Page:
My job in the previous company was much more operational. It was based around hitting revenue targets and getting the commercial team ready. We had to put the Commercial Team, Finance, R&D, and Marketing together and it was a much more comprehensive job in Cocoon. Again, you learn skills that you didn't have or didn't use previously, and it was a good experience where I learned a lot which helped me to focus on the long term rather than the day-to-day operation.

My career has always been centred in building up teams, bringing in revenue and attracting high-performing people. But, you are limited on the way that you operate, taking the CEO role at that time was a good move for me to start thinking more at a global scale, you set out the vision and the mission of the company based on what is the best interest for the company.

You mentioned three key words there; history, values, mission. What does it mean to be part of Sinclair now, what is the mission that you're on and what is your why?

Sinclair historically has done a pretty good job. It is a solid company with premium branding that is always there for their customers. This kind of company doesn't happen overnight. It’s a long process of creating trust with our customers, doctors and patients.

My job is to continue developing this premium brand and to elevate it as much as we can because at the end of the day, we all know that everyone wants premium products. The question is whether you can afford to pay for it, that’s the key difference. If you asked anyone in the street if they would rather have a MINI or a BMW, I guess most people would say they’d prefer a BMW. Premium is part of our DNA, every single human being wants to have the best. In particular when it comes to taking care of yourself.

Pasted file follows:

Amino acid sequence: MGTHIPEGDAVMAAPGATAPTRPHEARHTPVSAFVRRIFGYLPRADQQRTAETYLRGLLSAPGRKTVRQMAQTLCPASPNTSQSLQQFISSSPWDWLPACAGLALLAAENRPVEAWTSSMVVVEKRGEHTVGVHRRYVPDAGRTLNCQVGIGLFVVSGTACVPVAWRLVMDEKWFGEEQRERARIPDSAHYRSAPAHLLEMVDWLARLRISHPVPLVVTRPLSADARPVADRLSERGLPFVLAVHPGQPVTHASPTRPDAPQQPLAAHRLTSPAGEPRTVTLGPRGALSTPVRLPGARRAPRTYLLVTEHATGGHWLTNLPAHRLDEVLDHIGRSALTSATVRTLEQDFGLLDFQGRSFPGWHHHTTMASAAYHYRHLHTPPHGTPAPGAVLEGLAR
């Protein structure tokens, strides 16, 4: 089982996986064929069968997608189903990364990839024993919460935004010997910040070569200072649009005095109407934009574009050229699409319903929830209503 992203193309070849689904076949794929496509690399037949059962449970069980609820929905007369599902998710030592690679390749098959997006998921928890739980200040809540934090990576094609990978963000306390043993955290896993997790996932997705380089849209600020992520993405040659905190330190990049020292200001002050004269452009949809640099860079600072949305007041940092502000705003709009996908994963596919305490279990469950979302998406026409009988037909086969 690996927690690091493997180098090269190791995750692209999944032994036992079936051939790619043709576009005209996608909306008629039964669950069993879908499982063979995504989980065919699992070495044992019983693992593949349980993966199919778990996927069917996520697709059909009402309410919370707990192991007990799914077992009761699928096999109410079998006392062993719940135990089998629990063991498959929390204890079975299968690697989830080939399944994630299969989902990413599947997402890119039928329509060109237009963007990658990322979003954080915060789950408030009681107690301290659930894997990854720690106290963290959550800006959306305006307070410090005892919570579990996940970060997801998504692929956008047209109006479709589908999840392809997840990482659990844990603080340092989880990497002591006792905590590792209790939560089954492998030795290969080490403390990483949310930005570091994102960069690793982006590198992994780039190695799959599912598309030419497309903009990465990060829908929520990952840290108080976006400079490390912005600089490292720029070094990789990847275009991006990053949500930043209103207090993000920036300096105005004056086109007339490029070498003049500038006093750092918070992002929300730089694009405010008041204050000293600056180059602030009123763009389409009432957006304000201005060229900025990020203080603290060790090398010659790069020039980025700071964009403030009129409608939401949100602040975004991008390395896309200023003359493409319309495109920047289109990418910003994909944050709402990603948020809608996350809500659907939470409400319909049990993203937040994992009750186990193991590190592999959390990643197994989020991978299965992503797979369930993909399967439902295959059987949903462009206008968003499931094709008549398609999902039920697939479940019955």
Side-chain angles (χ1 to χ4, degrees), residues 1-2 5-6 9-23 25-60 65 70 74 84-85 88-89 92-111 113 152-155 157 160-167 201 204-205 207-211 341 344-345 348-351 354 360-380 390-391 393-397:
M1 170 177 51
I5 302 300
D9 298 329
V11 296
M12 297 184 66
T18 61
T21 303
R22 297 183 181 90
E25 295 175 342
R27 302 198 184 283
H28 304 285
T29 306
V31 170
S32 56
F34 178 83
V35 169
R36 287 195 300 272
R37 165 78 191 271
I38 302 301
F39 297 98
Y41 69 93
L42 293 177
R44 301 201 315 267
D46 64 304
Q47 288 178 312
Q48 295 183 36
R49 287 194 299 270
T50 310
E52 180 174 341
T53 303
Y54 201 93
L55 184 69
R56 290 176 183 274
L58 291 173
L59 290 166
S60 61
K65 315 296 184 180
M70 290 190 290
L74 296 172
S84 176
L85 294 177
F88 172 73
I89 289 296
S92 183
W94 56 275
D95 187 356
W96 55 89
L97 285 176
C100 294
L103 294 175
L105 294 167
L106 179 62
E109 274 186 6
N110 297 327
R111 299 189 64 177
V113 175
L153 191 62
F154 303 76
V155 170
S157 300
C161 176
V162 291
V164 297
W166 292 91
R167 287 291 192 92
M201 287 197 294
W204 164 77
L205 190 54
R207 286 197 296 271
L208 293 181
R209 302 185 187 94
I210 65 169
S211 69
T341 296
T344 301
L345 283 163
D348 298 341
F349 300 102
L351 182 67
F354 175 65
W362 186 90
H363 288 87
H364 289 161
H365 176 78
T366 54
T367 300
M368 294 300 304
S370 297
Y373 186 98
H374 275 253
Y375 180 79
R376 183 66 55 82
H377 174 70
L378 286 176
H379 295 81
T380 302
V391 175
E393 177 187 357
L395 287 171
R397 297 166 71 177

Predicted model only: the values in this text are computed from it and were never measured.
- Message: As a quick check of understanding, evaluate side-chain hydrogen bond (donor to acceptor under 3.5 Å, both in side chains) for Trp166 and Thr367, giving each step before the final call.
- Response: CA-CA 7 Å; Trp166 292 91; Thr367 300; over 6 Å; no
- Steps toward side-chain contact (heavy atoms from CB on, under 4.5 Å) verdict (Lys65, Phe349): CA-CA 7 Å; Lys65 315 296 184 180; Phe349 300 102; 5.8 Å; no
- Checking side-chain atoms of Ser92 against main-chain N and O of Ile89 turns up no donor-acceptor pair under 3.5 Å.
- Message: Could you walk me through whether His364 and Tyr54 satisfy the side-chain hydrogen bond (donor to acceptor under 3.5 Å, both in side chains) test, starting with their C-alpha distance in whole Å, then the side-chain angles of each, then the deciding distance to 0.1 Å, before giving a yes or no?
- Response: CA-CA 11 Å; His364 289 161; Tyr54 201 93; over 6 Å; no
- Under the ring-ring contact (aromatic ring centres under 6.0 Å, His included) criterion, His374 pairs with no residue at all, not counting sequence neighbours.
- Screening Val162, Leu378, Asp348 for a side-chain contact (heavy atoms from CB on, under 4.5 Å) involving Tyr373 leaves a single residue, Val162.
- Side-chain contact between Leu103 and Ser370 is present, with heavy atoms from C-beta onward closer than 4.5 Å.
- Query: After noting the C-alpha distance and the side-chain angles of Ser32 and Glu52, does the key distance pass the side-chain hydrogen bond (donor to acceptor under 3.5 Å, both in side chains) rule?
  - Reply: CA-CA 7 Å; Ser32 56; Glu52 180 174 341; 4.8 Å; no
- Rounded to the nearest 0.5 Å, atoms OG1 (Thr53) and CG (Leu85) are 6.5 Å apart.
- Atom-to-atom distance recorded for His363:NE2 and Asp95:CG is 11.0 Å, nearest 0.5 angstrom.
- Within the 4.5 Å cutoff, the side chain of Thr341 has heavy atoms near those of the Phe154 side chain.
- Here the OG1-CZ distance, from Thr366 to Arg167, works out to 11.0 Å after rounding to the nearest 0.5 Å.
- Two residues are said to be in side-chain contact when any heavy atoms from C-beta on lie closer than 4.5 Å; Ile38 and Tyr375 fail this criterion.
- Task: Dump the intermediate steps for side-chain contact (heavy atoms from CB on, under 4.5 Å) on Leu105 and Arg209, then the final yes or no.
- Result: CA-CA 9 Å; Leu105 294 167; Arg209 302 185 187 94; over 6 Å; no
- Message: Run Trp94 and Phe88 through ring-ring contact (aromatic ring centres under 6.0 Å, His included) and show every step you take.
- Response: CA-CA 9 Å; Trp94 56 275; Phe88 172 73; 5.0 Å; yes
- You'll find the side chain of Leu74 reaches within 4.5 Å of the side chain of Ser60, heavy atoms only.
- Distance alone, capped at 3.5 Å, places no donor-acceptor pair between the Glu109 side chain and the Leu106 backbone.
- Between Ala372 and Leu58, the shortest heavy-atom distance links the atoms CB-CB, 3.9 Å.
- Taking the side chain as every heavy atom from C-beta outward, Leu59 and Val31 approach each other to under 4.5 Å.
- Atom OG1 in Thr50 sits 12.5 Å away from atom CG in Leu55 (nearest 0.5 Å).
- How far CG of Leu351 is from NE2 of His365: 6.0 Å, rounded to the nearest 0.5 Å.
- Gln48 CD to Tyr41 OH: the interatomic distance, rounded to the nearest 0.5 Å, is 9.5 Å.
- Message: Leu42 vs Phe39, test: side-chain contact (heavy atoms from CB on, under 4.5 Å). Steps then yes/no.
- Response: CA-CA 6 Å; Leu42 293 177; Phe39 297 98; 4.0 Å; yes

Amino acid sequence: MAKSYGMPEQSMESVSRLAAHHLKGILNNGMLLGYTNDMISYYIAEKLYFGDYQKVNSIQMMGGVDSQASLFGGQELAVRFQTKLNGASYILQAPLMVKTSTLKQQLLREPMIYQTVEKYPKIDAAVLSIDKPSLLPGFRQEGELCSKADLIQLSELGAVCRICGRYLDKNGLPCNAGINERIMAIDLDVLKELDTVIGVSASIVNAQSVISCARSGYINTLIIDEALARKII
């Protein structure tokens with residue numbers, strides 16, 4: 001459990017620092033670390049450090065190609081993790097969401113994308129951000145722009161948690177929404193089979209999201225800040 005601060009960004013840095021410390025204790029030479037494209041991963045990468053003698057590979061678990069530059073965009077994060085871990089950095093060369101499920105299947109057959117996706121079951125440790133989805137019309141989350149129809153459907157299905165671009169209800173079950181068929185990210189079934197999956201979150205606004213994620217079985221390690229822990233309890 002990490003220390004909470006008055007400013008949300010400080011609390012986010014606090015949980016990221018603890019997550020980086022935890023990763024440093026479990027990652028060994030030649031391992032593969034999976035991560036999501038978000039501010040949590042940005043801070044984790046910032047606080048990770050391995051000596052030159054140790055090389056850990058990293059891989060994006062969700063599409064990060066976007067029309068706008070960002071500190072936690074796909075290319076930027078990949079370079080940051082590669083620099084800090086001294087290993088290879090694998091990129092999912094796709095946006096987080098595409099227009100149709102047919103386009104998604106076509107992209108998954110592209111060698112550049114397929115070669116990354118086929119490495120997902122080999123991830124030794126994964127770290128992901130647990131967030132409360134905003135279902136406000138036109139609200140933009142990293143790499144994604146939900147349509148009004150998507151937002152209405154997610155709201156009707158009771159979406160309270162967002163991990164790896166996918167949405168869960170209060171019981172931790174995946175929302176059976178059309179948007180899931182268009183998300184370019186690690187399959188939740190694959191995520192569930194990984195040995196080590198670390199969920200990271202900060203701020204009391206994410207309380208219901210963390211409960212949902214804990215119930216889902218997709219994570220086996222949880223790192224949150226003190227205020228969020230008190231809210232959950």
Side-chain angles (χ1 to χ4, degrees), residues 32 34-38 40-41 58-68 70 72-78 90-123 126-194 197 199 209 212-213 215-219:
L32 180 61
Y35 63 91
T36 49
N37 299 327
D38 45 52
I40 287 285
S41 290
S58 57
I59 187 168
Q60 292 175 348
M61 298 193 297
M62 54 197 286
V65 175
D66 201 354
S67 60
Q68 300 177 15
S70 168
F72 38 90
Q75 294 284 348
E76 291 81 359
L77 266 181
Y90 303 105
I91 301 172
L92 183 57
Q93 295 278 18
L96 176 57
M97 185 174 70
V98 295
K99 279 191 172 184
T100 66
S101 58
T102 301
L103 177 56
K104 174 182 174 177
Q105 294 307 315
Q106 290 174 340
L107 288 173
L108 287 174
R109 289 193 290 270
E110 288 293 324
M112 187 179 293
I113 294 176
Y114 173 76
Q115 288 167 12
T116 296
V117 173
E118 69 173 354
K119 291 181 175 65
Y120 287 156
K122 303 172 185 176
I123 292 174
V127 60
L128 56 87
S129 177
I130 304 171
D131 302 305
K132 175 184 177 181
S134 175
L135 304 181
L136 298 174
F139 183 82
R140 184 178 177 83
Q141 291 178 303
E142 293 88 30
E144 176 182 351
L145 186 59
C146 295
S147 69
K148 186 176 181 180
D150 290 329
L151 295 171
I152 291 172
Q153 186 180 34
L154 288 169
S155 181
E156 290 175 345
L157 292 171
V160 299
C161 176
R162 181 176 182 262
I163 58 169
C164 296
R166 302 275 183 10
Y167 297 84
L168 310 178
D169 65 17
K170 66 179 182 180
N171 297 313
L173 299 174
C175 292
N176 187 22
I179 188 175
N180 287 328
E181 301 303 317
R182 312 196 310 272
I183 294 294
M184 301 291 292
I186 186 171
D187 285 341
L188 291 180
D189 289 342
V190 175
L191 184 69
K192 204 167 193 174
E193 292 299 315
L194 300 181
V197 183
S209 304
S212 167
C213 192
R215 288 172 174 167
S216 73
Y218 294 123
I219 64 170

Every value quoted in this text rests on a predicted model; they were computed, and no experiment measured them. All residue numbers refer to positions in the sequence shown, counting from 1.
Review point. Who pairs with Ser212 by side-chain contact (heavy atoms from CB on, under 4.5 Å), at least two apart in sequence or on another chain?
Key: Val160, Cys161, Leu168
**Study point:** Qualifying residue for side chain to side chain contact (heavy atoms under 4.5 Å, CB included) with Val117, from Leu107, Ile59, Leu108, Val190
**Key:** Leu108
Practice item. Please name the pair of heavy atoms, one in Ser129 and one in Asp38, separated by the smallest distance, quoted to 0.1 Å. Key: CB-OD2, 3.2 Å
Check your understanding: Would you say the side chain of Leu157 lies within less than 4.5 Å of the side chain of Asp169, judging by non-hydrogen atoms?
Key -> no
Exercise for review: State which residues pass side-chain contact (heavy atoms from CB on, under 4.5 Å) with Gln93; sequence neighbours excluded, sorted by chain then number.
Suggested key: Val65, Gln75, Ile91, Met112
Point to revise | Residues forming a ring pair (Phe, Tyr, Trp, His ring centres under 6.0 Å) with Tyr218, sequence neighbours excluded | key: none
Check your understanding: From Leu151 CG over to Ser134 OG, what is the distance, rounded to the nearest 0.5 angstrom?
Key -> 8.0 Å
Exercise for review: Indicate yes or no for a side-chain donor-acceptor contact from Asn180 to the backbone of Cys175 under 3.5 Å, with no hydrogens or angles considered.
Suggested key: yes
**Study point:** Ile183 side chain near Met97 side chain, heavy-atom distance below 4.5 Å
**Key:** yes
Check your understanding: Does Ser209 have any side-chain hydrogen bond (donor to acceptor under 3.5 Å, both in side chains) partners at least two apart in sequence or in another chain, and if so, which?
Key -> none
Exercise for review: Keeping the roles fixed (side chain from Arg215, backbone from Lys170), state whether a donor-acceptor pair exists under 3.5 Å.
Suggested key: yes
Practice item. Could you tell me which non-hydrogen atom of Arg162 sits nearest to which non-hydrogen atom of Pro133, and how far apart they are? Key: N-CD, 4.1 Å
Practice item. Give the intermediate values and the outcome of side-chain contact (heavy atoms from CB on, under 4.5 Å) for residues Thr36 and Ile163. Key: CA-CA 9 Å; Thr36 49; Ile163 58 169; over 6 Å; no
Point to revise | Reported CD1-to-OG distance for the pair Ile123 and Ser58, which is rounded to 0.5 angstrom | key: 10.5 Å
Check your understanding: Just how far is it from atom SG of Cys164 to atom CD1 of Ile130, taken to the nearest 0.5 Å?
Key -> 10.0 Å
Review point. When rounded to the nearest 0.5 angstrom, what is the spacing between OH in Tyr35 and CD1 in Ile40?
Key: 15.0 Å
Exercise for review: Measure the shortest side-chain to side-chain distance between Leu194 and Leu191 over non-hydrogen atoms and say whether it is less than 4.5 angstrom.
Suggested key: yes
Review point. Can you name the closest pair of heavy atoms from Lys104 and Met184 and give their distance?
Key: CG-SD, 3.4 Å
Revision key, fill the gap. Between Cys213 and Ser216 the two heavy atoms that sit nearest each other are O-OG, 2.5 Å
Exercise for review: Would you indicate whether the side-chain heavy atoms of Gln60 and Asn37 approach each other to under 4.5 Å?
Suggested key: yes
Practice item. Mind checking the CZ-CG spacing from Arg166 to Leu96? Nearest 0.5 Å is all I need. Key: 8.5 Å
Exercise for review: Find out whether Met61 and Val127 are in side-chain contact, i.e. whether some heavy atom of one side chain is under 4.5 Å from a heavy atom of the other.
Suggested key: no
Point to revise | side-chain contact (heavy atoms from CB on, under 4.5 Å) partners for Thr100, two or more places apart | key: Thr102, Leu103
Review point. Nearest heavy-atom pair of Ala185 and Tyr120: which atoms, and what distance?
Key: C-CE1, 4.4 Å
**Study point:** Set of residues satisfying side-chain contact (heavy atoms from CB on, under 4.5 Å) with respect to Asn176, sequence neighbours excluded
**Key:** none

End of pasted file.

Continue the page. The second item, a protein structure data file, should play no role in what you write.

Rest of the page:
Premium to me means a number of things, such as the values of the company, the level of customer service, the marketing, the product quality and the packaging. In order for us to succeed, the whole company has to be aligned at every step of the process. For me it doesn’t mean just that the product is excellent, that’s just one part of a premium offering. Premium is, for example, contacting Sinclair and somebody telling you the right information on the phone and giving you the service you need immediately. Alternatively, if you order something and you have a query about it having someone there who will fix your problem promptly.

It must come from everywhere in the company. From the person who manufactures the product, the person who designs the packaging or delivers the product and installs the systems for the customer. We have to change everything that we know, because it’s not just marketing. At the end of the day people think with marketing you can just elevate the brand but it’s more than that, it is about being premium in every single aspect of the business and creating a higher value proposition for our customers.

In order to do that, the first thing that we must do is have the right vision and mission. The people at the company at every level must know that we are a premium company. The vision has to be clearly stated that the company is striving to offer first class service and products. For that you have to hire the right people to align company vision and employees.